Hand-in-crack traverse to 2nd Entrance.

This free-soloing climber in green did choose to play Twister with the climber setting up a belay at the 2nd Entrance. Of course, this is not a great place to set up a belay; nonetheless, if you can free-solo this hill, you can probably make it up the 1st Entrance and stay out of the way of other climbers.

Entering the 2nd Entrance

Entering the 2nd entrance

The topmost climbers are just below the Open-V and the Tunnel variations .

Just leaving the Open-V - downclimb

Just below the Open-V and Tunnel variations

See that ice below the Open-V, it makes for a dangerous move into the middle of the DC. This usually raises more red flags for us than the access to the DC.

The Tunnel Variation

This is pretty smooth sloping rock which is why it's dangerous if slick.

When dry, the tunnel is easier than any other variation.

View from inside the Tunnel variation looking back down

 Looking at the crack between the Tunnel Variation and the Open-'V'.

 Looking up from the Tunnel Variation at a climber exiting the Open-'V'.

Climber in the Open-V

It takes some effort & thought to figure out the best way out of the top of the tunnel variation.

Coming out of the bottom of the tunnel variation.

When slick, this is a dangerous place (the lower exit from the tunnel).

Love ice. Placing a foot on ice is a sure way to take a fall or slip.

Exiting the tunnel

The Open 'V'

If you like crack climbing and a challenge, try the crack to the south of the Open-V when it's dry.
It's short but sweet. This is not a 5.4 exit.

The rock slopes at the entrance to the Open-V.
It's one of the reasons that this area is dangerous when slick.

Climber headed for the North Slot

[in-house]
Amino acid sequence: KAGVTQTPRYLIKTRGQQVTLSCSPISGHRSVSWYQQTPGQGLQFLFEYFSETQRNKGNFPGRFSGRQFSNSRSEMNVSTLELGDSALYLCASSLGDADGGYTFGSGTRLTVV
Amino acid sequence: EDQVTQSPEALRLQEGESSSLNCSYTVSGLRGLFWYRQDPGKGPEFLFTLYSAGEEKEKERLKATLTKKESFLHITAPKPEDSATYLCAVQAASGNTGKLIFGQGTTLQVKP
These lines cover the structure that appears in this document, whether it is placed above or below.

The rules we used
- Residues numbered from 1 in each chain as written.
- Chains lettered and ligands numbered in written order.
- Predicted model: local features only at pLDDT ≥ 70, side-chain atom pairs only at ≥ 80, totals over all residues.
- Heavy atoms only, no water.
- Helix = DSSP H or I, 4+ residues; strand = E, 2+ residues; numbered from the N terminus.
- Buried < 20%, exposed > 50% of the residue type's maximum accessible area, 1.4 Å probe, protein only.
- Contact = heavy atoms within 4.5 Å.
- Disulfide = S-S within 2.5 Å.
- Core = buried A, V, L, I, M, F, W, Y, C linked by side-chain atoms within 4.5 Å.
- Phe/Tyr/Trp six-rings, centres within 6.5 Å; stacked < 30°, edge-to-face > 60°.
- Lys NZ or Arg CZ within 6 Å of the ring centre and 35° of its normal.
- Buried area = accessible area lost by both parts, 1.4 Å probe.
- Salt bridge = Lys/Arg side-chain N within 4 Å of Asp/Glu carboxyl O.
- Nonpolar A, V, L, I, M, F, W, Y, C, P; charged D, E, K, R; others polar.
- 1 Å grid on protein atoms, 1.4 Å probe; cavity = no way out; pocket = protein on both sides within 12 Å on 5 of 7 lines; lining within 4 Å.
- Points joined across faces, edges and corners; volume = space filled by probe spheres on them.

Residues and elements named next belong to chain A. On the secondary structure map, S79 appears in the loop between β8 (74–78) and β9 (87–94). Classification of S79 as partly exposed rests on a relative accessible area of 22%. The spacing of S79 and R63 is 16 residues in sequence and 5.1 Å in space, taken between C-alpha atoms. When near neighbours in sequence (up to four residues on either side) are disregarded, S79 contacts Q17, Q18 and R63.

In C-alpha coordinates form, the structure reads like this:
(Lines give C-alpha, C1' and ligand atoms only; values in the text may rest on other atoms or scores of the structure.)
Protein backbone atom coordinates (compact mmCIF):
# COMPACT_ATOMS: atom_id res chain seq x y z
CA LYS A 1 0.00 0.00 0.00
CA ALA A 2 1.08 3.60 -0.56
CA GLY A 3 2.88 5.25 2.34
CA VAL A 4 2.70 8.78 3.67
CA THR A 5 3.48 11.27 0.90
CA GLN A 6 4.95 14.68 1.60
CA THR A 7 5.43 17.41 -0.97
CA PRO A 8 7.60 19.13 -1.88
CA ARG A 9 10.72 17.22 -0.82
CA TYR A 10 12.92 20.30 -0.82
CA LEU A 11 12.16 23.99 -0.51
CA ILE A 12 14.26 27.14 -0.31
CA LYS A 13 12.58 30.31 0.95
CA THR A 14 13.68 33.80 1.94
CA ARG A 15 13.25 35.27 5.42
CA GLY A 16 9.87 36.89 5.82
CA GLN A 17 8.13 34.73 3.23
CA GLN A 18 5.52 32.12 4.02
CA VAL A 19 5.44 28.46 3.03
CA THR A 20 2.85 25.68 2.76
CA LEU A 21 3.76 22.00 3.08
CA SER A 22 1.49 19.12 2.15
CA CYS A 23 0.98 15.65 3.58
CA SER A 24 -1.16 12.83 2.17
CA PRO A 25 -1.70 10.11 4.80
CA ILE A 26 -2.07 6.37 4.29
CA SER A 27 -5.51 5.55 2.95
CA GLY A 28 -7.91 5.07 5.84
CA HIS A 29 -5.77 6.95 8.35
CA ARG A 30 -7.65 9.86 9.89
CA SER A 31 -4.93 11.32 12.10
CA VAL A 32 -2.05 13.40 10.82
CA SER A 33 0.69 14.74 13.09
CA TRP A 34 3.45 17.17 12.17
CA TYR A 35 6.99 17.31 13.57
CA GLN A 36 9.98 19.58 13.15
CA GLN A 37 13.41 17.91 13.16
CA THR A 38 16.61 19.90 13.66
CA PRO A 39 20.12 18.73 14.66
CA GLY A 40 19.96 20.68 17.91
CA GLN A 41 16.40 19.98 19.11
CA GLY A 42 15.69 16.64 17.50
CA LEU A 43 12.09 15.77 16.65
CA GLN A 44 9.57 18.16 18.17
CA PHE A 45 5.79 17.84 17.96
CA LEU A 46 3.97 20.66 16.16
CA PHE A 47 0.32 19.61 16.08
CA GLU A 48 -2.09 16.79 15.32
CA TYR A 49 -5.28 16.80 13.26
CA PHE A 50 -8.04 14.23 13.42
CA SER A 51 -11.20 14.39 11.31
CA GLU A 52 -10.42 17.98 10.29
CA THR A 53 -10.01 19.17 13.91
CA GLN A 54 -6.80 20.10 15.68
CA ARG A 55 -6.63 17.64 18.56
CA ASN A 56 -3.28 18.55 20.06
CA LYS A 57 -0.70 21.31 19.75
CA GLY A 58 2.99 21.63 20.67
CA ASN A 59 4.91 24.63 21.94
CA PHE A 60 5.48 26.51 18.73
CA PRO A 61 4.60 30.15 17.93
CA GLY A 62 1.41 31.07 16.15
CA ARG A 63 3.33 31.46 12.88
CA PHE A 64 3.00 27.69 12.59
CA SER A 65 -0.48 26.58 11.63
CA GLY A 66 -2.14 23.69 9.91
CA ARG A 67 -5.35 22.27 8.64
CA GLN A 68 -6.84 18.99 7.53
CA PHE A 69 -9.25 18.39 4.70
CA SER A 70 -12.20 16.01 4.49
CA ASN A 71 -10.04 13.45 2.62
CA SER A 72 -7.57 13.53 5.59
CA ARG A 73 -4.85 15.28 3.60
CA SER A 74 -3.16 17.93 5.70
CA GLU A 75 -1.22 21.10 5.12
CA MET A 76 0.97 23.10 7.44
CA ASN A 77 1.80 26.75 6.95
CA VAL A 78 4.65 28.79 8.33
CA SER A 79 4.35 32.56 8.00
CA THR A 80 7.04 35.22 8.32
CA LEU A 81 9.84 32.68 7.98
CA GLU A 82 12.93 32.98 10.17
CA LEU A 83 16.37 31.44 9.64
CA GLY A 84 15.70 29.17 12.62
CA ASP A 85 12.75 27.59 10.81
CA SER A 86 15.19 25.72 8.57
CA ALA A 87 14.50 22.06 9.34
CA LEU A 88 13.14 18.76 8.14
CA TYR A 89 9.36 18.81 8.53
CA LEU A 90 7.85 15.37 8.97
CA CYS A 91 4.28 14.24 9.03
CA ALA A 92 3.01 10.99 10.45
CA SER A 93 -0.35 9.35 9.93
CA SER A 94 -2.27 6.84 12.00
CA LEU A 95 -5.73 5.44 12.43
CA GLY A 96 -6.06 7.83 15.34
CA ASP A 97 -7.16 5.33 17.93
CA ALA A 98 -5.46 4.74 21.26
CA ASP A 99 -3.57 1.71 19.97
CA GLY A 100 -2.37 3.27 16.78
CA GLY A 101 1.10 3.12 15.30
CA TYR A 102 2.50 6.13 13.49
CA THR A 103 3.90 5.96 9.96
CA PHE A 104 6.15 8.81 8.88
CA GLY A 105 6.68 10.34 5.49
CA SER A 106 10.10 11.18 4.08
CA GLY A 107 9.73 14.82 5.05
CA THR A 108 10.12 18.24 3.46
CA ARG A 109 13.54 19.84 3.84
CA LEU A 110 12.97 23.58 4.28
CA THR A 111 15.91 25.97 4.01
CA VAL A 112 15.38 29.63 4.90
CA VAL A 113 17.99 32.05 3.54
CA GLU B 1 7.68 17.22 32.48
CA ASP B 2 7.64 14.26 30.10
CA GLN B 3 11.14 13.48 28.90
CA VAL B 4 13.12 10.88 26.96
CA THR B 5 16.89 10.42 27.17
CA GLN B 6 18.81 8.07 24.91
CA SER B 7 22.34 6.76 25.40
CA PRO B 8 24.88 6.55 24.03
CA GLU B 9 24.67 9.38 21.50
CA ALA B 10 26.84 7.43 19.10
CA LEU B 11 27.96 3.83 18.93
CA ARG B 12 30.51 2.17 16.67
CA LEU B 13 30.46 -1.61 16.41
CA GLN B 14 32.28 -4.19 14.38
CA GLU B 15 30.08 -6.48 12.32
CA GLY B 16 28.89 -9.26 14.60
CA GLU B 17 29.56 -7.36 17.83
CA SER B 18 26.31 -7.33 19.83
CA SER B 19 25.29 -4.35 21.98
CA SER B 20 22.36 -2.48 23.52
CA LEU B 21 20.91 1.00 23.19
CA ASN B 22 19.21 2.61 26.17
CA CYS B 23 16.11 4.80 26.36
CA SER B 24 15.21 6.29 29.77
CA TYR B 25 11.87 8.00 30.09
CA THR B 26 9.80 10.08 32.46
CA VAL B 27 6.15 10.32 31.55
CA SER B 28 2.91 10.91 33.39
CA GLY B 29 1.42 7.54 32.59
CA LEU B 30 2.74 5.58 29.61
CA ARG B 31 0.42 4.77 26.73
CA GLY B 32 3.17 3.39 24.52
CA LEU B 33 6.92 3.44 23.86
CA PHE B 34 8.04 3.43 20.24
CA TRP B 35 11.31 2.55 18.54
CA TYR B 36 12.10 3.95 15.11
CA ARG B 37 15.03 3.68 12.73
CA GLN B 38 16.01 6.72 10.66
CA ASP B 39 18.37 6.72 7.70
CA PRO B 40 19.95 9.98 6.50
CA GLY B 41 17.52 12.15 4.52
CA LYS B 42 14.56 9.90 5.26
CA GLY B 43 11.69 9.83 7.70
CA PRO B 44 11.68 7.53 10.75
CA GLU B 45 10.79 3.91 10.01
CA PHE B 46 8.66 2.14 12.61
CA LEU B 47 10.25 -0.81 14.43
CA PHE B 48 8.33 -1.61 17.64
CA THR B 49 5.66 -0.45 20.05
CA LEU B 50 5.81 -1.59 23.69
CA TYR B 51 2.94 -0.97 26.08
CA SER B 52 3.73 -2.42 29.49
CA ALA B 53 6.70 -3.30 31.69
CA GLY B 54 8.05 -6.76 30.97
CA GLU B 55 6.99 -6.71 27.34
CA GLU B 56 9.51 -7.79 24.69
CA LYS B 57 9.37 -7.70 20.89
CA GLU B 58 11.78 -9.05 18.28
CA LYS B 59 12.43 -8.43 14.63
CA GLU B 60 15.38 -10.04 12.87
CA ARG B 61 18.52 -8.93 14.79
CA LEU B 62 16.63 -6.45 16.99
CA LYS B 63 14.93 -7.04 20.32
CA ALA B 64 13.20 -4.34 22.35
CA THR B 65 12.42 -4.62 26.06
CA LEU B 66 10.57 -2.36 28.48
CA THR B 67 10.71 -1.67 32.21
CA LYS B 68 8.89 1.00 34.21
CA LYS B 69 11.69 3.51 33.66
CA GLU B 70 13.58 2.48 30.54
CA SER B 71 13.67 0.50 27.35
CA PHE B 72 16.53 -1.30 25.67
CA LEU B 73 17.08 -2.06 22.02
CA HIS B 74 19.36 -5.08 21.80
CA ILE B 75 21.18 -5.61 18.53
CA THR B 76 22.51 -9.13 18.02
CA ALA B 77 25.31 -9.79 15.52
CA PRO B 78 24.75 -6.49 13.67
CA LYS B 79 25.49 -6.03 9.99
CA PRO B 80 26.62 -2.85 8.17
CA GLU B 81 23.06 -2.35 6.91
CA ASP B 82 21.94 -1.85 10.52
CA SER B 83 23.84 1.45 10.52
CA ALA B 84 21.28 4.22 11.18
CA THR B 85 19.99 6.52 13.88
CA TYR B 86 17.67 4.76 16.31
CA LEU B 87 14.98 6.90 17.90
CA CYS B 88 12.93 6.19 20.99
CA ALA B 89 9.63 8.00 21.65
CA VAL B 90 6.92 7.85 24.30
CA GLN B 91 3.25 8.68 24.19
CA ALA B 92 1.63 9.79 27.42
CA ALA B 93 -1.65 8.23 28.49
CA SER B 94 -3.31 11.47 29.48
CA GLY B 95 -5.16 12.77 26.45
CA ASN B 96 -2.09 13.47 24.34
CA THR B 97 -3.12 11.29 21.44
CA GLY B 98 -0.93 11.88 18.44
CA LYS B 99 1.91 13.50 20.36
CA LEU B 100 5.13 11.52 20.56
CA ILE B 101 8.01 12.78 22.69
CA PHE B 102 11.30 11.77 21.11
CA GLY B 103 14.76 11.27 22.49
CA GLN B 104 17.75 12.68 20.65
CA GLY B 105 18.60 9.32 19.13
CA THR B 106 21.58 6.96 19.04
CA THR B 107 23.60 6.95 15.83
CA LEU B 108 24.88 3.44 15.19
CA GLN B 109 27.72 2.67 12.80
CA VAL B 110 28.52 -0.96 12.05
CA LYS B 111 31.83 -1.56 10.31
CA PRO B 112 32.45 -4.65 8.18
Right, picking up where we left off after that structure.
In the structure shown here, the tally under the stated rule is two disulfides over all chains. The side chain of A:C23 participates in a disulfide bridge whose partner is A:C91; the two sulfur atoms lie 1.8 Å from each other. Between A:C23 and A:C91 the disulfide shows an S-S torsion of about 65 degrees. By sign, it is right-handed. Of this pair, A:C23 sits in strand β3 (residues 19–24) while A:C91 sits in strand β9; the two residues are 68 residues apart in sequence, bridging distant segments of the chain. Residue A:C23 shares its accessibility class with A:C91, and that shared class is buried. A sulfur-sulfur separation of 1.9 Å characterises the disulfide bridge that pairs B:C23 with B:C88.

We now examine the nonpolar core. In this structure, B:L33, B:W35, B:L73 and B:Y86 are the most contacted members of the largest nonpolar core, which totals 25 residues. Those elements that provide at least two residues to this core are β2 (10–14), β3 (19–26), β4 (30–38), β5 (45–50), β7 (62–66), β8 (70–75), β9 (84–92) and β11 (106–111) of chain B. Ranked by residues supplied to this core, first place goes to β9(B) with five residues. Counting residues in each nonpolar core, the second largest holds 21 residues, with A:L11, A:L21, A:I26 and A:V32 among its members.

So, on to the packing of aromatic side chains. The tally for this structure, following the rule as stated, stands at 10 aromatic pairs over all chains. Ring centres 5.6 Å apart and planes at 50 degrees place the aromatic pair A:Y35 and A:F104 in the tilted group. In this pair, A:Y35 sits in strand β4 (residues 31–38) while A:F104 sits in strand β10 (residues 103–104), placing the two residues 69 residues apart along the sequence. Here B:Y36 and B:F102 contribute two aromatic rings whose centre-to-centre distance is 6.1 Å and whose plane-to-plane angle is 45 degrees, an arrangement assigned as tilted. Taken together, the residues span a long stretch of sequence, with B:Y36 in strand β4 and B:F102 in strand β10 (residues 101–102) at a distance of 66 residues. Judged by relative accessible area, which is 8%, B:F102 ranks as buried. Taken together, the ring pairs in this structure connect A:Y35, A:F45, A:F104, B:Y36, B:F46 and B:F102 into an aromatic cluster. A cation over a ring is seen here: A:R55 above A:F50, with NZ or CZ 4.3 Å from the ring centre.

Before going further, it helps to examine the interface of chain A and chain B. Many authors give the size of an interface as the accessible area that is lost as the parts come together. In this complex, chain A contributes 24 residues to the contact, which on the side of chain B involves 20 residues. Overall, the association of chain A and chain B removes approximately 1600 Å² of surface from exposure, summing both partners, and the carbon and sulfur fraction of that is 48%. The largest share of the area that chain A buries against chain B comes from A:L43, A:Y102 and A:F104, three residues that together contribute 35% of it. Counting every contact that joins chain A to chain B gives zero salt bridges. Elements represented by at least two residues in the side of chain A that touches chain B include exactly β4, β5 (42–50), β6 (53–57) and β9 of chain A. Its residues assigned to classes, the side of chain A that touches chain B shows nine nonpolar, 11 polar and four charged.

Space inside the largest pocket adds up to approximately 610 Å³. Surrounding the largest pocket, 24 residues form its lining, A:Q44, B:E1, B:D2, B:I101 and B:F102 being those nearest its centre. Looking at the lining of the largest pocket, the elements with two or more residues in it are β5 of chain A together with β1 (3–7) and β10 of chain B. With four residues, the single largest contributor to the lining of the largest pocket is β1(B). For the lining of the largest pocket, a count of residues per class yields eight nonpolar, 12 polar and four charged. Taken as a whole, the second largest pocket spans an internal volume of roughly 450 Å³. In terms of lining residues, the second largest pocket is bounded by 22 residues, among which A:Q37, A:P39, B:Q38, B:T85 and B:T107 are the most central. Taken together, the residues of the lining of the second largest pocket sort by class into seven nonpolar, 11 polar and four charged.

Open 'V'

Looking down the Open-V

Climbing to the north out of the Open-V

Climber above the exit from the Tunnel variation

Open 'V'

Climber headed for North Slot

North Slot (far right), Tunnel Exit (bottom left), Open 'V' (top)

Coming out of the Tunnel Variation

We clean the exit from the DC when it's icy so that the descent is easier and safer. There are several variations that can be used to get out of the DC. The 5.4-easy exit is off of the rock that the climber in green is sitting on. The Tunnel Variation is just to his south. To the north of the climbers is another exit variation via the upper-half of the DC Bypass variation. You can also climb out of the Open-V by climbing its eastern wall. It's not the easy way. Most climbers exit the Open-V by heading north - over the exit from the tunnel variation.

Getting out of the DC can also be tricky if it's slick and you're in tennies.

Getting out of the Open-V takes a little creative thinking.

When we descend, we often head for the Open-V and stem across the walls to get into and out of the Open-V. This can be a little difficult for non-climbers, and short climbers. If you can safely drop into the tunnel variation when it's dry, then that will be the easiest option.

Exiting the Double Chimney

When icy, or filled in with snow, this slabby area requires GREAT care.

Climber at the bottom of the Owen Chimney
Rope coming out of DC

View from inside Owen Chimney back toward DC

Climber in blue taking the scramble to the Catwalk

Snowy scramble to Catwalk.
Use the first opening in the Owen Chimney when this area is sketchy.

Enjoy Safe Climbing